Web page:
Posting to a USENET thread in comp.sys.tandy, Nick Andrew spoke of his desire to have a TRS-80 emulator access a native file system directly. Tim Mann responded with some implementation ideas. I read it all to myself quietly thinking: ``Yeah, that would be cool. And what better excuse to learn about the TRS-DOS file system?''
As much to see if it were even possible I hacked together this collection of command line utilities, TRS-DOS filesystem subroutines, block-level disk interfaces and a host directory to disk (and back) translator.
The utilities are marginally useful, but the best part is the minimally functional xtrs-4.9 additions to give it direct access to host file systems. Note that the actual TRS-80 emulation has not been changed. There are no new instructions or other fudgery. All I've done is make it understand that it can treat a host directory as a virtual disk and call my routines to translate it on-the-fly into low-level disk blocks.
Read on for download, installation and usage instructions. But first, an important note:
In its current state, TRSdisk is a proof-of-concept prototype. To be clear, it has many known bugs that are guaranteed to corrupt files and otherwise lose your precious data. I'd tell you to use it at your own risk, but there's really no risk -- it will screw you over.
Well, okay, it's not that bad, but it's really no more than a toy to look at for now. Things should be OK if you only ever read from a dirdisk, but even then files can get inadvertantly hidden.
I've done limited testing. The xtrs patches are for version 4.9 and have only been tried against it running a Model I ROM and with single density LDOS 5.31 disks all on top of FreeBSD 4.2.
gzipped tar file: trsdisk-0.4.tar.gz zip archive: trsdisk-0.4.zip
Extract the files from the archive you downloaded and run make. I tried to write generic UNIXy C code but then again I've only compiled it under FreeBSD 4.2. If you have problems then either apply your wizardly skills or give me a shout and I might be able to help.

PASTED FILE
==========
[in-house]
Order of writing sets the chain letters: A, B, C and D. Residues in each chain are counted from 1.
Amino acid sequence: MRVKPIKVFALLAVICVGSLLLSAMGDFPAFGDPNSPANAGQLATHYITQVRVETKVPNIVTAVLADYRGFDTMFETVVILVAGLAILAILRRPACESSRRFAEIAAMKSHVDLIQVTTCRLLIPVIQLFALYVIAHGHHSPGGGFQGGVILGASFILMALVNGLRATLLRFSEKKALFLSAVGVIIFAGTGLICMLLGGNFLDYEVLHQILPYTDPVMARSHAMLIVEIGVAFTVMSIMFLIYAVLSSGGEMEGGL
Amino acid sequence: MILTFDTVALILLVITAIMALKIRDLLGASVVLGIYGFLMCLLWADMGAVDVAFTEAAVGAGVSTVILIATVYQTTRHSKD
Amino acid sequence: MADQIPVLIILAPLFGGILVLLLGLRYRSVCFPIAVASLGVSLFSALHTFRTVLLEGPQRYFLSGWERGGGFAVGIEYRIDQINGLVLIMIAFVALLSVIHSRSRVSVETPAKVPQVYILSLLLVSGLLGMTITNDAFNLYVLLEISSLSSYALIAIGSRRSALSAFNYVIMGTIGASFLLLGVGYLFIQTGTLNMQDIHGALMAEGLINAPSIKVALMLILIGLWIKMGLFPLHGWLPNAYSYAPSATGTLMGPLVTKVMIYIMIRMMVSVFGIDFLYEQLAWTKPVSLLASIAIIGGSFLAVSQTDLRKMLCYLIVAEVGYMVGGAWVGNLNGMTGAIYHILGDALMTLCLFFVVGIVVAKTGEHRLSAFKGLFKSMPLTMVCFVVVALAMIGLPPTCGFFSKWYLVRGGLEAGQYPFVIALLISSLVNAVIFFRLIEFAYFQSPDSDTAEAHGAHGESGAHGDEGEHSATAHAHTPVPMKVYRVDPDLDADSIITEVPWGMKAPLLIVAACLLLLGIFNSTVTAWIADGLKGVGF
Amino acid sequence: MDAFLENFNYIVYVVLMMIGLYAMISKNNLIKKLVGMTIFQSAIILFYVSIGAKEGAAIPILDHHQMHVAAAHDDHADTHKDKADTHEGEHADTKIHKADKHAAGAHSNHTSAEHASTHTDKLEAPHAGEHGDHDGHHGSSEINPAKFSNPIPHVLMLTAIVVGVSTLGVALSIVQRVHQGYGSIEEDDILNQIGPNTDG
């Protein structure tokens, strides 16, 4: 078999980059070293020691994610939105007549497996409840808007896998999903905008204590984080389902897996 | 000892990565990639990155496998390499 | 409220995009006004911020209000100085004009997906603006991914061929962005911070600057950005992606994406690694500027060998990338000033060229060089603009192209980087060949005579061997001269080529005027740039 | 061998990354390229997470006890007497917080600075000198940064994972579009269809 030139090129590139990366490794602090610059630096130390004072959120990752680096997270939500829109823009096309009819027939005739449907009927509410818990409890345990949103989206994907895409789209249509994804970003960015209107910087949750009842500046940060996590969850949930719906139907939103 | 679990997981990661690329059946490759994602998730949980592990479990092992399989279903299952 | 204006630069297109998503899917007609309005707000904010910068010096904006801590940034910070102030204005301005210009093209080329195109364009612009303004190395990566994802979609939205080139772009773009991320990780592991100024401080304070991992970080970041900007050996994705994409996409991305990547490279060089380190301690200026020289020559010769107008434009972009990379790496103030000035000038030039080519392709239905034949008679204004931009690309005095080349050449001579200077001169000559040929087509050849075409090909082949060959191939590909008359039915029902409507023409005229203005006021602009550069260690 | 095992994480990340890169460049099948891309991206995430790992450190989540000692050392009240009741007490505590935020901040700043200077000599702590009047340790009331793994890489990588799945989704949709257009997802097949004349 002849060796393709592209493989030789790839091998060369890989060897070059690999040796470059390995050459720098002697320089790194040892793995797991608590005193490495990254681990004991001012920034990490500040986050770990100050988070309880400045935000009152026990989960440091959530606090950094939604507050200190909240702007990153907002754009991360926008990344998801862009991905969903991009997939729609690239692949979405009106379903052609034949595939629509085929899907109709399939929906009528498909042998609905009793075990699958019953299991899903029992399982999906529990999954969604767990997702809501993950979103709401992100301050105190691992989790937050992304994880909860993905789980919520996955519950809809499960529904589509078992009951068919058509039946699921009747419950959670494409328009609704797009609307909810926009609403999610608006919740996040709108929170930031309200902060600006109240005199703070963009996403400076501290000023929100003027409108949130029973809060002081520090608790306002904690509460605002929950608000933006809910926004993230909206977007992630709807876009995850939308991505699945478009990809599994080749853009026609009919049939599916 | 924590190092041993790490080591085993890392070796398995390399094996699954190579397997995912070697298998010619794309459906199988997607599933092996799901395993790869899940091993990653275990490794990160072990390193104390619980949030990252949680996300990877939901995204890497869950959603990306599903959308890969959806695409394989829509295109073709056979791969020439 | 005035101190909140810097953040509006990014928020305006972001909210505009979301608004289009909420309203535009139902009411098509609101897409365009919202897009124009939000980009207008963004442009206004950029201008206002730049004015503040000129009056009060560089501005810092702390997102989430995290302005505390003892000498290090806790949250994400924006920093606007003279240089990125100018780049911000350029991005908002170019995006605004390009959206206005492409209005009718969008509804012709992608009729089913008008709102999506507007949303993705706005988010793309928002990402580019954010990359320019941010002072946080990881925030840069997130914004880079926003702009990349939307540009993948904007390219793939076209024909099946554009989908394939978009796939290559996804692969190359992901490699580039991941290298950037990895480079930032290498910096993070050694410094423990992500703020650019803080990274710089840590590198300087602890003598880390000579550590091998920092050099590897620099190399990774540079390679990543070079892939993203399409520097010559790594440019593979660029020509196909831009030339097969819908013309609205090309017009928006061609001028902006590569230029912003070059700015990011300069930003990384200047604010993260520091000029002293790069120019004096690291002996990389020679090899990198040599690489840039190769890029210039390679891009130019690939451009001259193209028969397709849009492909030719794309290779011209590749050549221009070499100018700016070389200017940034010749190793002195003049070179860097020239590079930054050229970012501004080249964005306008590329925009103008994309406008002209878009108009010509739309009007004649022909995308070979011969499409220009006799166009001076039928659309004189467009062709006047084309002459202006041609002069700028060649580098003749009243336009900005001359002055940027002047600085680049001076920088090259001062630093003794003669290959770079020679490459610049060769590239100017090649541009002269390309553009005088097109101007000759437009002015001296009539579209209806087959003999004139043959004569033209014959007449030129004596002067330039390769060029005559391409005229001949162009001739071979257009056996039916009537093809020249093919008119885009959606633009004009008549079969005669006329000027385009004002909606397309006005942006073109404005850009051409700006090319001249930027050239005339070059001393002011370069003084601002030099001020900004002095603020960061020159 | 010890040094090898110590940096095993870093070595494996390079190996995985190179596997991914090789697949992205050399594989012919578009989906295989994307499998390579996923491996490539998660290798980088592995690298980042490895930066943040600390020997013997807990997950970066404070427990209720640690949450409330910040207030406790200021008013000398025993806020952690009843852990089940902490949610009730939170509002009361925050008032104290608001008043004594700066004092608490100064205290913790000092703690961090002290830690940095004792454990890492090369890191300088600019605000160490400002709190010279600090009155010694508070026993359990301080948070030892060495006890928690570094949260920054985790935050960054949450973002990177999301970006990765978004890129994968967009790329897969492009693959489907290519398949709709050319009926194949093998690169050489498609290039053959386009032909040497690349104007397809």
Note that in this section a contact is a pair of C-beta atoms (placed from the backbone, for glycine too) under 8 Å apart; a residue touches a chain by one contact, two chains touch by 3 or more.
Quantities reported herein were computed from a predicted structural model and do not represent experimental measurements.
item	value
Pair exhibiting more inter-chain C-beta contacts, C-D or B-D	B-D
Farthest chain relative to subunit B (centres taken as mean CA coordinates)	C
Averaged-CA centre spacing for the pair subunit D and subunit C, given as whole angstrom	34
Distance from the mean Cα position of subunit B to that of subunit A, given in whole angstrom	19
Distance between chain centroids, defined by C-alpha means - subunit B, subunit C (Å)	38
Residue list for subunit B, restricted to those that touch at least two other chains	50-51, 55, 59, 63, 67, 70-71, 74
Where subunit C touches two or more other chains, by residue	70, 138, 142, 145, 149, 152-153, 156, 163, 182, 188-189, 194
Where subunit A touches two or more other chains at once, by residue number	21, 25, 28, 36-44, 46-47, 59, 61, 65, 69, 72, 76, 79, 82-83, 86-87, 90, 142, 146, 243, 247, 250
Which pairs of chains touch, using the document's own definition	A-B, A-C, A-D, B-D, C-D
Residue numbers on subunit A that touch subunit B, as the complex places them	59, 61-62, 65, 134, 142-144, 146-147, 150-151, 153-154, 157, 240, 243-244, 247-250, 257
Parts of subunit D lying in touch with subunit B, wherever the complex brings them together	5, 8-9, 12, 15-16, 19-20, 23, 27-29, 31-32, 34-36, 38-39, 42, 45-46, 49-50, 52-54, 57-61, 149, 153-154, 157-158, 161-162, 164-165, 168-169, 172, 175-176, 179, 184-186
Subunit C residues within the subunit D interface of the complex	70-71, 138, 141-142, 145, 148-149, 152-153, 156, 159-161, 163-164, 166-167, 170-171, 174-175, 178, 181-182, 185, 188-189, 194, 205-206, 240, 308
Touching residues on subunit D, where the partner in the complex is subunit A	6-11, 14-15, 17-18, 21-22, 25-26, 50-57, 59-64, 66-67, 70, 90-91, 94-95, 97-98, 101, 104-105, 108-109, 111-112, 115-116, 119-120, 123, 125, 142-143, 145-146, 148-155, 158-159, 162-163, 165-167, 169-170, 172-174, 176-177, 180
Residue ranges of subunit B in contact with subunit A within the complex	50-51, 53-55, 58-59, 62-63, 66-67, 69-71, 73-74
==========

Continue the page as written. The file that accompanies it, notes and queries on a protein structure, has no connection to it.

Here's a sequence of commands that will give your newly built utilities a test and you a quick feel for what they do.
% mkdir test % cp *.h test % trsbackup test test.dsk % trsdir test.dsk directory on track 17, block 170 test DD/MM/YY 35 tracks 2 gran/track [a2] boot.sys 513 1 extents 0/1  trsfile.h 4746 1 extents 1/4 [d5] jv1.h 264 1 extents 5/1  disk.h 1628 1 extents 6/2 [7e] dirdisk.h 267 1 extents 8/1 [c4] dir.sys 2560 1 extents 34/2 % trsread test.dsk jv1.h % diff jv1.h test/jv1.h [ and if you see any differences ] % cp test/jv1.h . and then file a bug report.
With any luck you can open test.dsk under just about any TRS-80 Model I/III emulator with disk support.
Copy the following files from the trsdisk source directory to your xtrs-4.9 source directory:
boot_sys.c dirdisk.c dirdisk.h disk.c disk.h trsfile.c trsfile.h
Now you can either replace the xtrs-4.9 Makefile and trs_disk.c files with the copies from the xtrs-4.9 directory of the trsdisk source directory or apply the patch files Makefile.patch and trs_disk.c.patch.
Build xtrs-4.9 as you normally do and you're ready to try it out.
There are many different ways to run xtrs, but for the sake of simplicity lets assume it's emulating a Model I and is running an appropriate DOS in drive 0 such as LDOS 5.31.
In whatever directory that holds the boot disk (the disk1-0 file) make an empty dirdisk by creating the directory disk1-1. Run xtrs. After the DOS has booted you should see an empty disk in drive 1 (try a DIR :1 command).
If that works, try copying a file from drive 0 to drive 1. Verify that you see the new file on drive 1 within the emulator and in the disk1-1 directory.
As far as my limited testing has gone, the TRSDOS commands DIR, COPY, RENAME, KILL and LIST will all work fine. FORMAT and BACKUP will not except that BACKUP from a dirdisk drive to a ``normal'' single-density drive will work.
How feasible is it to map sector-level disk operations back into file-level operations? I believe it is entirely possible as long as you are willing to buffer disk sectors for an arbitrarily long period of time. Here's a proof sketch. At startup construct a disk image from the source directory and store it in a file. Whenever sectors are read or written by the emulator access the disk image respectively. Whenever the file system on the disk image is in a consistent state, erase the source directory and re-populate it based on the disk image file system.